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Bosch developing series production water injection system for SI engines to reduce fuel consumption and improve performance

Bosch is developing a water injection (WI) system for spark ignition engines in partnership with a pilot customer, said Dr. Rolf Bulander, member of the board of management of Robert Bosch GmbH and chairman of the Mobility Solutions business sector, in his talk on powertrain optimization at the Vienna Motor Symposium. The port water injection system comprises a water pump; a water rail; and injectors which have been designed to handle the specific challenges arising as a result of operation with water.

Dr. Bulander said that a WI system can enable up to a 4% improvement in NEDC fuel consumption by cooling the charge to minimize/avoid fuel enrichment; mitigate knocking (premature denotation); and enable an increased compression ratio. A port-injection WI system is low complexity and highly effective, he noted.

Measurements performed on an experimental engine with direct injection at 5000 rpm and a mean effective pressure of 20 bar show that stoichiometric operation is possible once the proportion of water reaches 35%. This would eliminate fuel enrichment during full load. At this operating point, fuel consumption can be reduced by 13%. Click to enlarge.

Increasing the compression ratio is one means of improving the efficiency of an engine; this, however, also increases the charge temperature and eventually leads to knocking. Thus the compression ratio of a spark ignition engine end up being a compromise between part-load efficiency and performance and efficiency at full-load conditions, he noted.

Current production engines typically retard ignition timing at high loads to avoid knocking. This, however, leads to a loss in fuel efficiency, reduced engine power, and increased exhaust-gas temperatures. Water injection (WI) can mitigate these drawbacks, if not remedy them completely, he said.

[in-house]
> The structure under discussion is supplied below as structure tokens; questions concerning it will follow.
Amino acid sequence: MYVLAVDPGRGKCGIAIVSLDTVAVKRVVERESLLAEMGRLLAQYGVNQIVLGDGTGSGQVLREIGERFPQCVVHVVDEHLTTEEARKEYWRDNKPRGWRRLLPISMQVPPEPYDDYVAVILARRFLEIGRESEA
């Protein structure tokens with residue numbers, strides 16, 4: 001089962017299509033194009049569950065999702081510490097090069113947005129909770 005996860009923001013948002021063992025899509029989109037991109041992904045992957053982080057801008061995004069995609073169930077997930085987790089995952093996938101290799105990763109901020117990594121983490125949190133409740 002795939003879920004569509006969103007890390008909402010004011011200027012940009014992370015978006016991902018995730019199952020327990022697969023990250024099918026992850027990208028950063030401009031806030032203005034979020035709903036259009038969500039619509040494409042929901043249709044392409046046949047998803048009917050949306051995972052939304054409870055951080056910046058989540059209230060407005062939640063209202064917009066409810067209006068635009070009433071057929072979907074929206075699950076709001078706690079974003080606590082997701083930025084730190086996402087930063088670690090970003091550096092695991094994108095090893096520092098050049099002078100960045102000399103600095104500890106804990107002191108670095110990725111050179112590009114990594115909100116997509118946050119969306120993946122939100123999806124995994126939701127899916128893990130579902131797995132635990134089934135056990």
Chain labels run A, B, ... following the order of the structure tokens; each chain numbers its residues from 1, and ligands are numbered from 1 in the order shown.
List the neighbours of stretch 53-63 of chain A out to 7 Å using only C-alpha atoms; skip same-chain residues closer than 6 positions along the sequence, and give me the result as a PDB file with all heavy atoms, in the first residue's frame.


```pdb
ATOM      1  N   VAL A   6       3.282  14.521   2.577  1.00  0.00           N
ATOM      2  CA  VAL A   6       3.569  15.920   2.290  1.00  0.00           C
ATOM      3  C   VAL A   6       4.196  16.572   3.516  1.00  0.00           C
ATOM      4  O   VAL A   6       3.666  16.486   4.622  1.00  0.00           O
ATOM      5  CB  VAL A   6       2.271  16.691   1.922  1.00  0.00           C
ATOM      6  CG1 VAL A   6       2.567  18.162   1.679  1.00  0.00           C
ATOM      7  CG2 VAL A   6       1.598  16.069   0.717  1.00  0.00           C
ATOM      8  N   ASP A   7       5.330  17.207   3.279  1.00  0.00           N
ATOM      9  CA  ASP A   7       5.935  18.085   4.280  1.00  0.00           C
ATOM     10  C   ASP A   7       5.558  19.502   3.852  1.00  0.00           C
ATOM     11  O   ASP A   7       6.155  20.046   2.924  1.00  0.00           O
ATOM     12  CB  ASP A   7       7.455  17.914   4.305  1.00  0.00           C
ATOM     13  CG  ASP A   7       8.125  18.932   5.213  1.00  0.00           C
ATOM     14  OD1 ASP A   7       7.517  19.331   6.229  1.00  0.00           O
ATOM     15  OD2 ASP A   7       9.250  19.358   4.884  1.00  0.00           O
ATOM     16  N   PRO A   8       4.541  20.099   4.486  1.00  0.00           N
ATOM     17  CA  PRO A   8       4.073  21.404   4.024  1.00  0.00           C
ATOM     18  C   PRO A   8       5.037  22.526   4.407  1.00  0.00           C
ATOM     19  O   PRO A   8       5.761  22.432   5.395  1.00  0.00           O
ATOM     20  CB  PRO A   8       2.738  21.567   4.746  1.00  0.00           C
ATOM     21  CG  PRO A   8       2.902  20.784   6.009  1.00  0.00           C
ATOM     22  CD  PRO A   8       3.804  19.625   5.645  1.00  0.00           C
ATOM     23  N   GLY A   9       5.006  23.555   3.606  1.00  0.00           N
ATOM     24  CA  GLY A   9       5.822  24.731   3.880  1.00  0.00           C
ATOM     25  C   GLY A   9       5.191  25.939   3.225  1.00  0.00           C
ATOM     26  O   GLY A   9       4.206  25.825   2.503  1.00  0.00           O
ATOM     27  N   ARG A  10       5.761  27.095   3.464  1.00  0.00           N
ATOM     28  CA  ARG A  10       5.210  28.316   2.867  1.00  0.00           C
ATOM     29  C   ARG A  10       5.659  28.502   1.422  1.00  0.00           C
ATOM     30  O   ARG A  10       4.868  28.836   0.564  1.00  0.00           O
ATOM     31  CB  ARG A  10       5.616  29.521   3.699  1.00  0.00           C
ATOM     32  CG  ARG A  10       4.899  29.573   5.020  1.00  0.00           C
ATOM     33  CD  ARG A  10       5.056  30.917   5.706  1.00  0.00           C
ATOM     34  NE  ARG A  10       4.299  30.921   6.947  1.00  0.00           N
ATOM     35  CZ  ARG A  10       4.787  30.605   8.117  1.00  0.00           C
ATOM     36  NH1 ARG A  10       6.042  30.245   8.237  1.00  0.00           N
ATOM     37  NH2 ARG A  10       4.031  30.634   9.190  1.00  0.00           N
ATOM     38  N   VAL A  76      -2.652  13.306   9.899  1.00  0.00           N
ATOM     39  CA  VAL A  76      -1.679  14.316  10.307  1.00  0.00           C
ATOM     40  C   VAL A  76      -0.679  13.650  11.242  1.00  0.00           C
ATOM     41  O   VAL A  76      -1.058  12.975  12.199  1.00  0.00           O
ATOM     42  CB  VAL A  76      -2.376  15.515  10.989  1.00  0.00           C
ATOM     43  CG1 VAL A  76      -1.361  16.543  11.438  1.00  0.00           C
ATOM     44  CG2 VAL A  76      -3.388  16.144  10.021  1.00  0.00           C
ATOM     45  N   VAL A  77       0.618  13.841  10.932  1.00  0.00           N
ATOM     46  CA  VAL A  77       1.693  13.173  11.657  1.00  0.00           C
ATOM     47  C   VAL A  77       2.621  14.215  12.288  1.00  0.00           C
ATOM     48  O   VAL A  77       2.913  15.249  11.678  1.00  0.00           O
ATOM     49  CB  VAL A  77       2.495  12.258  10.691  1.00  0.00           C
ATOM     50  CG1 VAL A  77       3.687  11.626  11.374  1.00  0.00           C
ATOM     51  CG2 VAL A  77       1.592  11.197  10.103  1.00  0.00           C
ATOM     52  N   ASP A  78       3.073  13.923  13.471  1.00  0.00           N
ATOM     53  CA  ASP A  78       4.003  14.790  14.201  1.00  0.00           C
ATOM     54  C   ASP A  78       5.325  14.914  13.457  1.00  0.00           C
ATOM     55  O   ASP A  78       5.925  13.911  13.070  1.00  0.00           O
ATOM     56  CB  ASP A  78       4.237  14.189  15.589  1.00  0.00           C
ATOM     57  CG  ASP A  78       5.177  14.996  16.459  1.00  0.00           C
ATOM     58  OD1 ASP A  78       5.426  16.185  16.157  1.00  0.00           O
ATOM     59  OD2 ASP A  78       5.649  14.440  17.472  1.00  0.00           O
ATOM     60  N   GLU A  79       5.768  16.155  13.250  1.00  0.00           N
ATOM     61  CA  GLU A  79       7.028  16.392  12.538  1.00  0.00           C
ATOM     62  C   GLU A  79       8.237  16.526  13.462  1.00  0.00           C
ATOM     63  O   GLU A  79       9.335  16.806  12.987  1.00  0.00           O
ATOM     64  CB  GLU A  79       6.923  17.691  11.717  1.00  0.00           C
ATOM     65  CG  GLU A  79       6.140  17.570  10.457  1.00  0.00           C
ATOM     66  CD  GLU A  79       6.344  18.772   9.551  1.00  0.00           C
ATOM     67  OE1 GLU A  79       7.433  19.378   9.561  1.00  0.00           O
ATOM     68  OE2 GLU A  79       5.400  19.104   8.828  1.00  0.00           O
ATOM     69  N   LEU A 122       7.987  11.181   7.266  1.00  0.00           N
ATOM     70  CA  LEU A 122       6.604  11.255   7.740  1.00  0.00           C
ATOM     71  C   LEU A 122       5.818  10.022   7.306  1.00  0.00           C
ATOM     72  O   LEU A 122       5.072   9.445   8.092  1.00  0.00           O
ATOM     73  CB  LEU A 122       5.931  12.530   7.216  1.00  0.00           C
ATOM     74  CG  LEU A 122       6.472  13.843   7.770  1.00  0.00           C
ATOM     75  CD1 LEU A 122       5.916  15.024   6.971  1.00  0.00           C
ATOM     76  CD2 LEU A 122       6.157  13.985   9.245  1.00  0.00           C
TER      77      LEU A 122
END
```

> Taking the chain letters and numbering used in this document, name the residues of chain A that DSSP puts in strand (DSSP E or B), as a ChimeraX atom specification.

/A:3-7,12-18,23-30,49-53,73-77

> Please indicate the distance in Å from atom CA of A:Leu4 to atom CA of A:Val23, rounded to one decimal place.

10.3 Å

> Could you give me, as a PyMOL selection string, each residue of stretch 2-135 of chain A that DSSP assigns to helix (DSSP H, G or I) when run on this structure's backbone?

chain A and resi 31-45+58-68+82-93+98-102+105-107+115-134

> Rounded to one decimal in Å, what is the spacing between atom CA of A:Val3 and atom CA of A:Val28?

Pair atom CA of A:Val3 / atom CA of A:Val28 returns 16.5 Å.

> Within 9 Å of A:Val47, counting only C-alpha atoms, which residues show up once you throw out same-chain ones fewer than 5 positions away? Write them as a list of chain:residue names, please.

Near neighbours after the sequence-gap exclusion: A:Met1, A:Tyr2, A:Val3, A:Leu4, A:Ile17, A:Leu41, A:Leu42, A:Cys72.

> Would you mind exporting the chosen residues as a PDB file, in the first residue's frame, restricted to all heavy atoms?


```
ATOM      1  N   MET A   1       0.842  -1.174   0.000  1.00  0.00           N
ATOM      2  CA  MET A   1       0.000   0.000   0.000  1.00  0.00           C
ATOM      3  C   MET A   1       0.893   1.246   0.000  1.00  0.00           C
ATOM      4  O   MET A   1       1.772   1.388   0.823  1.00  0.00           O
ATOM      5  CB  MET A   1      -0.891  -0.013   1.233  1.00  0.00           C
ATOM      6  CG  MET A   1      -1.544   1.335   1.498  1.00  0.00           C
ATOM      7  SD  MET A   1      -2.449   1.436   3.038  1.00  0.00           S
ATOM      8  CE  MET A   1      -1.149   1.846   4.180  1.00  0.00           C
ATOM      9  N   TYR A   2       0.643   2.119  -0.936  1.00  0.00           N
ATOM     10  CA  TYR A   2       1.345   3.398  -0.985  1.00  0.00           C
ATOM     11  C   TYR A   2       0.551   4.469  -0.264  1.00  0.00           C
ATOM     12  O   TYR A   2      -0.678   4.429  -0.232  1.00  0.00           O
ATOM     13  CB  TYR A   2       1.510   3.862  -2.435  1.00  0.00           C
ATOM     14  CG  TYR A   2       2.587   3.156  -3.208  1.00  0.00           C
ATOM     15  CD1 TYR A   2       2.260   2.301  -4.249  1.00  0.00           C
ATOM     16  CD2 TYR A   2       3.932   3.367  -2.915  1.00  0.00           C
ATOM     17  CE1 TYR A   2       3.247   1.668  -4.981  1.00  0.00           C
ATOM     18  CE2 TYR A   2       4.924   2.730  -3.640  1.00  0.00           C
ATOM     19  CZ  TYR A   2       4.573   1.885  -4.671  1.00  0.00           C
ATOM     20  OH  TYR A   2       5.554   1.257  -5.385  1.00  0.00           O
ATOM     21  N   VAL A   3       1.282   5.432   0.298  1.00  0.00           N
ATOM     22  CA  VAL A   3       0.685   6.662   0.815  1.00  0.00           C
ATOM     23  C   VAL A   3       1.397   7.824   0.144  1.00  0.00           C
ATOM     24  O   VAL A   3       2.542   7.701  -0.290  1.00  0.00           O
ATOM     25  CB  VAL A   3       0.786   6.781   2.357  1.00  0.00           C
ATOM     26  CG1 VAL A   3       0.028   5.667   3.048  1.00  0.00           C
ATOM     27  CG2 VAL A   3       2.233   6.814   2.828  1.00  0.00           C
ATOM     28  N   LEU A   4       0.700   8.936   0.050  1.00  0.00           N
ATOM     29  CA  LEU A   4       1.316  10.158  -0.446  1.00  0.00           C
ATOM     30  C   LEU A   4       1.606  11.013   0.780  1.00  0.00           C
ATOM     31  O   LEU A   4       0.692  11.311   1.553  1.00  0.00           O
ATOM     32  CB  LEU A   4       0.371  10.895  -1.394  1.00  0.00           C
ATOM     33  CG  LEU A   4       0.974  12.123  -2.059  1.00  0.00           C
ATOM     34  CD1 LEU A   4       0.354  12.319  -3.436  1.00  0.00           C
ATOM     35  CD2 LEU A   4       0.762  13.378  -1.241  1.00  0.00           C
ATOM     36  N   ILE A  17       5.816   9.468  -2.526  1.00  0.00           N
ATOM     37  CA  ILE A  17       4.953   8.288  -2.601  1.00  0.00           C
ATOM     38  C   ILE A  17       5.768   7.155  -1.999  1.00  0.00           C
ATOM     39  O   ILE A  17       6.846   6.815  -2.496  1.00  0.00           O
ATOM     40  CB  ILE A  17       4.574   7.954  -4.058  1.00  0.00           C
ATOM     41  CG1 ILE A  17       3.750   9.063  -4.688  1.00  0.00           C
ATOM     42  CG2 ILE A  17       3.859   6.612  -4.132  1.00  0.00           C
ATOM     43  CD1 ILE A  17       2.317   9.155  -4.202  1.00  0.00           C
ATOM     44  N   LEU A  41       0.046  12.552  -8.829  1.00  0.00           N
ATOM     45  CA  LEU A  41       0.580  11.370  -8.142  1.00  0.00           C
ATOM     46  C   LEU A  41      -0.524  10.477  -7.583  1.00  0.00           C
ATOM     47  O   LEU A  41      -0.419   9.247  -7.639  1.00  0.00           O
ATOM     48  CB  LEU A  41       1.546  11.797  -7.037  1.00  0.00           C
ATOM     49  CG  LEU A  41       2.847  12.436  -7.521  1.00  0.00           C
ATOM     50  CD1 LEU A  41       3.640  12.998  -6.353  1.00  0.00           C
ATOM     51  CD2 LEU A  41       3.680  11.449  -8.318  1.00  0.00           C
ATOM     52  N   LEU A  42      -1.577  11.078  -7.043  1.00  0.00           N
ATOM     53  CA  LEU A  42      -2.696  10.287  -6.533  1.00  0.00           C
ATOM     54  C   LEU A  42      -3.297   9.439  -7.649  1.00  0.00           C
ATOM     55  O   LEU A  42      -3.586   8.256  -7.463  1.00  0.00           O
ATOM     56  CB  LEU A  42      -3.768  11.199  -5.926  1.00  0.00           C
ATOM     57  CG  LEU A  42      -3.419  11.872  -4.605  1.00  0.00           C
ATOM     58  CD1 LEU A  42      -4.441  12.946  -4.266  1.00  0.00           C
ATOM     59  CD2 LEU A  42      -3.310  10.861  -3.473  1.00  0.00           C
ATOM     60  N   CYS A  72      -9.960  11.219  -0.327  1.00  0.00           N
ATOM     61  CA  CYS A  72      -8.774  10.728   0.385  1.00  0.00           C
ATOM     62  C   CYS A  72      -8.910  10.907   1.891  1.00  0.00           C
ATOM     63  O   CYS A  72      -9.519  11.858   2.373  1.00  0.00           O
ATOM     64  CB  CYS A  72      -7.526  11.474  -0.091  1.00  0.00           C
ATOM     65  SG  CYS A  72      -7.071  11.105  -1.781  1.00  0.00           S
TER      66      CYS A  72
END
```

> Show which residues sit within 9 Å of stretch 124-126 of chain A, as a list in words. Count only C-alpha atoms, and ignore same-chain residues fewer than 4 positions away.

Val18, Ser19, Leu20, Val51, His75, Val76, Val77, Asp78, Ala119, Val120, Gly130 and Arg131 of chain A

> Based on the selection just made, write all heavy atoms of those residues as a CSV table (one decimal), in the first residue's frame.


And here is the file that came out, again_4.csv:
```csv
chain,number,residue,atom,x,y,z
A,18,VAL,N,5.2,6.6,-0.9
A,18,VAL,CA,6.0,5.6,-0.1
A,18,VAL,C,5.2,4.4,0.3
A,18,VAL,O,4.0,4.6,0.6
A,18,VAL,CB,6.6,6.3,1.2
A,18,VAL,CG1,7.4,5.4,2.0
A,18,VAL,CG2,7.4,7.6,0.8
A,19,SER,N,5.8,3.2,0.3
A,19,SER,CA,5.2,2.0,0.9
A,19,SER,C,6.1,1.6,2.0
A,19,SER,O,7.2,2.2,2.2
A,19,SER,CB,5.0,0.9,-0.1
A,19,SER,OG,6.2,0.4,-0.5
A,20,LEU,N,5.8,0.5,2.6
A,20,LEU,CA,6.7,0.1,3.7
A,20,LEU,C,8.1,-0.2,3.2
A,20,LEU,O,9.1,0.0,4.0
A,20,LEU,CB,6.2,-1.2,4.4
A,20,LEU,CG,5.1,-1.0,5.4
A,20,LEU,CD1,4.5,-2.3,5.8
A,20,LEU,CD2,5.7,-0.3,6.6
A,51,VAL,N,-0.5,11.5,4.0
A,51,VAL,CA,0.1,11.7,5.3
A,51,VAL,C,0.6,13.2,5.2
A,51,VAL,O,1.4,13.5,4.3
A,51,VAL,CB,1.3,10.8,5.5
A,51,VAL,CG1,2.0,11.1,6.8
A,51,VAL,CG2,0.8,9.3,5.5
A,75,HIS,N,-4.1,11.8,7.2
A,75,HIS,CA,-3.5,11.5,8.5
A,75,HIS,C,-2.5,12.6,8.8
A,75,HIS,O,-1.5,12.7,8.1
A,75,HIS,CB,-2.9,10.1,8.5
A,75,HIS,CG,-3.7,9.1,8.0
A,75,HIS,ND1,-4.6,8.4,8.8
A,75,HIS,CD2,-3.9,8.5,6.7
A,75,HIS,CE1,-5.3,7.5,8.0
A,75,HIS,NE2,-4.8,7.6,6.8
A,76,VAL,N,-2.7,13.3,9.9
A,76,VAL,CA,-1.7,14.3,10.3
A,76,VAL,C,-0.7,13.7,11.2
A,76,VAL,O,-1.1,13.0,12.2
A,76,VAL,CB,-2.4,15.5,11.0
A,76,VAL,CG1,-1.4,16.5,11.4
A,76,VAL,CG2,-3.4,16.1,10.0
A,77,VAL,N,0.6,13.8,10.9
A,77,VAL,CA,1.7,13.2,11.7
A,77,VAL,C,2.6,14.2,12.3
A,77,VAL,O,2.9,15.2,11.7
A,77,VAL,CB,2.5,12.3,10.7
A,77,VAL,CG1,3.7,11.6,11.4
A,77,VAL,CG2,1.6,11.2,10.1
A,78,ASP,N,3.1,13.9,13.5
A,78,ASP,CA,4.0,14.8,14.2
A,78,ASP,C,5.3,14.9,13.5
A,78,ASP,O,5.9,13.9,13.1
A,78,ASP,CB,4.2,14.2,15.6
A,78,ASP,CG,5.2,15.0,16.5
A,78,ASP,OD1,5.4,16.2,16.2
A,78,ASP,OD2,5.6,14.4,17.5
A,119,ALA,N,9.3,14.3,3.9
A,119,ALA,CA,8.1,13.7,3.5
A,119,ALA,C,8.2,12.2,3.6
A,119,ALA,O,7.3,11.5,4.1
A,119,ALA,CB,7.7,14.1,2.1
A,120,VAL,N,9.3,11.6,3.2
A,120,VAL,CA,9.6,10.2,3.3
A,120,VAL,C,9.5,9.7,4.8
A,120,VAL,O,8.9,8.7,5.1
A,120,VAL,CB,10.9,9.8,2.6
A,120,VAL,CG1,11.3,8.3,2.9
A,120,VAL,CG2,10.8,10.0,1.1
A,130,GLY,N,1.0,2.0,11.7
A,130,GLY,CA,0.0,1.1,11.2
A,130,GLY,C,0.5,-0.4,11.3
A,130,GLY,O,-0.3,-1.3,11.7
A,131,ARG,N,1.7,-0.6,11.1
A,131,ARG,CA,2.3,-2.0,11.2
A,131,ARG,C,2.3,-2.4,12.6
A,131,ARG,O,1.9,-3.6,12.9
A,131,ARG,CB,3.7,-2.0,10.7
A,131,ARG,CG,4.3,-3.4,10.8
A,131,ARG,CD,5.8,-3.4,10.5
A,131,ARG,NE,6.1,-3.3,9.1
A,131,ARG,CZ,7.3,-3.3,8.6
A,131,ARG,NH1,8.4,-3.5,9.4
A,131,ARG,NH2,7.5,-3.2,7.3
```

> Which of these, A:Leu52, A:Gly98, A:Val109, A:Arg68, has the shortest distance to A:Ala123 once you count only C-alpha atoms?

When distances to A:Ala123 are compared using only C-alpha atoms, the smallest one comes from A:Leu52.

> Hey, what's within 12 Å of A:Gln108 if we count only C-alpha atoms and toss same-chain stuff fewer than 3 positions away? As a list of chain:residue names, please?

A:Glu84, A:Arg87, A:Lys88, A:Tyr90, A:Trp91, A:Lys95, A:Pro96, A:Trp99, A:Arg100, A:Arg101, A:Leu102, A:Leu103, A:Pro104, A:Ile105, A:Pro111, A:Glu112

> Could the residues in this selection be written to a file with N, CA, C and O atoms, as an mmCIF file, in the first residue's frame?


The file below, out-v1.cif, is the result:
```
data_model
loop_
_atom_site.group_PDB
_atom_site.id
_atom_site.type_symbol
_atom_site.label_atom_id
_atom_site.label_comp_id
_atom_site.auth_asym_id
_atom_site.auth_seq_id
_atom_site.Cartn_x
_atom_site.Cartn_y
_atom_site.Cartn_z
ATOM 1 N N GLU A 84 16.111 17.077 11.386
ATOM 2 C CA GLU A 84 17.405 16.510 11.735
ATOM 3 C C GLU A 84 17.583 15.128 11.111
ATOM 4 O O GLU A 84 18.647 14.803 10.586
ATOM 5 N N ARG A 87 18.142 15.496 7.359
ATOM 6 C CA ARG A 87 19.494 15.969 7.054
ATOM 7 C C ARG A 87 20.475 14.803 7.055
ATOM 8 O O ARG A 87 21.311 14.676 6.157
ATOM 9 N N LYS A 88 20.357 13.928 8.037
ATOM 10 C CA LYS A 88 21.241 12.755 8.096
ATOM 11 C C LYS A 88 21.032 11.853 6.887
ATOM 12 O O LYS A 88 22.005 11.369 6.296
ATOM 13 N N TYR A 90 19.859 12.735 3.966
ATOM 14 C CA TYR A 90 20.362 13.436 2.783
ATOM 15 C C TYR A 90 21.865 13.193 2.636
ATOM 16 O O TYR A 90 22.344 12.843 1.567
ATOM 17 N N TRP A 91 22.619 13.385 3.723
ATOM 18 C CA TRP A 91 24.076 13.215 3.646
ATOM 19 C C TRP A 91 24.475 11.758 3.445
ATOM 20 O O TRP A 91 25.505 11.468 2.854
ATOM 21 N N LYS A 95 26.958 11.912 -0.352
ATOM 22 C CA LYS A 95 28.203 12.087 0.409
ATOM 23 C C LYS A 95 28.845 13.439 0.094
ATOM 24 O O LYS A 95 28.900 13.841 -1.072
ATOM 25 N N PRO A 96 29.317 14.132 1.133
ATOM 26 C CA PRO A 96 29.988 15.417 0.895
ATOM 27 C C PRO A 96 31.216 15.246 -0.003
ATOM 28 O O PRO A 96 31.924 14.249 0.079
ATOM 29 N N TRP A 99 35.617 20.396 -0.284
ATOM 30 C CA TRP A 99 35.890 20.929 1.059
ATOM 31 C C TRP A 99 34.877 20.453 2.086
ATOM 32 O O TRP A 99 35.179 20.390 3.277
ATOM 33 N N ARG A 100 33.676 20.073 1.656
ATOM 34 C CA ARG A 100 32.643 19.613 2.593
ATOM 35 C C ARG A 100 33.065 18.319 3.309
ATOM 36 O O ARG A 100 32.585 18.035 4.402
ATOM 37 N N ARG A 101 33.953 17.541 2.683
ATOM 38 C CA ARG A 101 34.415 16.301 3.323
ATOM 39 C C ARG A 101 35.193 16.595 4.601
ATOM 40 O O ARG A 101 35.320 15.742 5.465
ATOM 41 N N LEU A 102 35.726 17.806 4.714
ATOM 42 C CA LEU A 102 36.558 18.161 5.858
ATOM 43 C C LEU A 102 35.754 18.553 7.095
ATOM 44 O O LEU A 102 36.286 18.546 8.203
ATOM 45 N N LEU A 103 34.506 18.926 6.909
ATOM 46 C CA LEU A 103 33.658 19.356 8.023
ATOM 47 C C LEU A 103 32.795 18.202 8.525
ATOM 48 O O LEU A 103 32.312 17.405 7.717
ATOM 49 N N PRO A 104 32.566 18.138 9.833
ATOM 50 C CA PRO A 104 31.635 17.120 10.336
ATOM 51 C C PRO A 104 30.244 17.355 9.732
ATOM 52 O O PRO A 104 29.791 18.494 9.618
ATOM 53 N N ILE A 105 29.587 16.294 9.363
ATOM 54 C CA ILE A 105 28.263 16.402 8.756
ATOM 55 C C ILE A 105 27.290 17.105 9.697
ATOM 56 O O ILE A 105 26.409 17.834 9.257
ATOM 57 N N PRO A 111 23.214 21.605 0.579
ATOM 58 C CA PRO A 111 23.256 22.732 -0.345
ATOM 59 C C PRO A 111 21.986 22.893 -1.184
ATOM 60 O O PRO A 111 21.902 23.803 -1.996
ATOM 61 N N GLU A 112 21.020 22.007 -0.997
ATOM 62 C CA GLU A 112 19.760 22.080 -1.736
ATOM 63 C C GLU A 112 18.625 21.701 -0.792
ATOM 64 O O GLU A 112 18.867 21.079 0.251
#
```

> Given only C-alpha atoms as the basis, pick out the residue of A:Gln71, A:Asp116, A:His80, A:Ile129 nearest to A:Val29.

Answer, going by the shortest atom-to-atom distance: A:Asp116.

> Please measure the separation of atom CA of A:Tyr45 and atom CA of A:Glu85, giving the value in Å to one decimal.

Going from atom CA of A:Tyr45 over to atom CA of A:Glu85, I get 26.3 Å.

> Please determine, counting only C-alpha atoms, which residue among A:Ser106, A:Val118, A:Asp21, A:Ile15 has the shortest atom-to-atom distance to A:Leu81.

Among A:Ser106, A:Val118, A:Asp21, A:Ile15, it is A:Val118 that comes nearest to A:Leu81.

The use of water injection reduces fuel consumption at high loads and low rpm, and reduces or avoids of fuel enrichment and lower exhaust-gas temperatures at high loads and high rpm.

Both effects result in lower CO2 emissions in real driving conditions. The first effect also reduces CO2 under the conditions of the future WLTC test cycle.

Moreover, this reduced knock tendency can also be utilized to increase engine compression, which has additional benefits at part load. It also results in lower fuel consumption and reduced CO2 emissions in the areas relevant for the NEDC and WLTC.

WI can also be used to increase torque. The additional cooling of air makes a bigger charge possible, and thus greater torque.

Other optimization technologies. Dr. Bulander also touched on other powertrain optimization technologies, specifically direct injection at 350 bar, which improves mixture formation and reduces particulate emissions; further optimized turbochargers; the electronic clutch system (eCS) developed for manual transmissions; a 48-volt boost recuperation system; and electrification.



Everything old is new again.  Aside from freezing issues, perhaps this is superior to some of the "octane on demand" fuel-fractionation schemes out there.  The price is right, the infrastructure is pretty much there already, and it's not like we lack experience with the stuff.


Water injection was commonly used during WWII for turbocharged radial aircraft engines during takeoff. (high power and low altitude) It was also used in the 1962-63 Turbocharged Oldsmobile F-85.


Back to the future again?


Price for manifold injection conversion using small windscreen washer pump, solenoid tap, with G sensor and reactive torque sensing via engine mount or just use the manifold vacuum. Complete with first 2 litres of magic sauce wholesale $20.00?
Should work like a charm.

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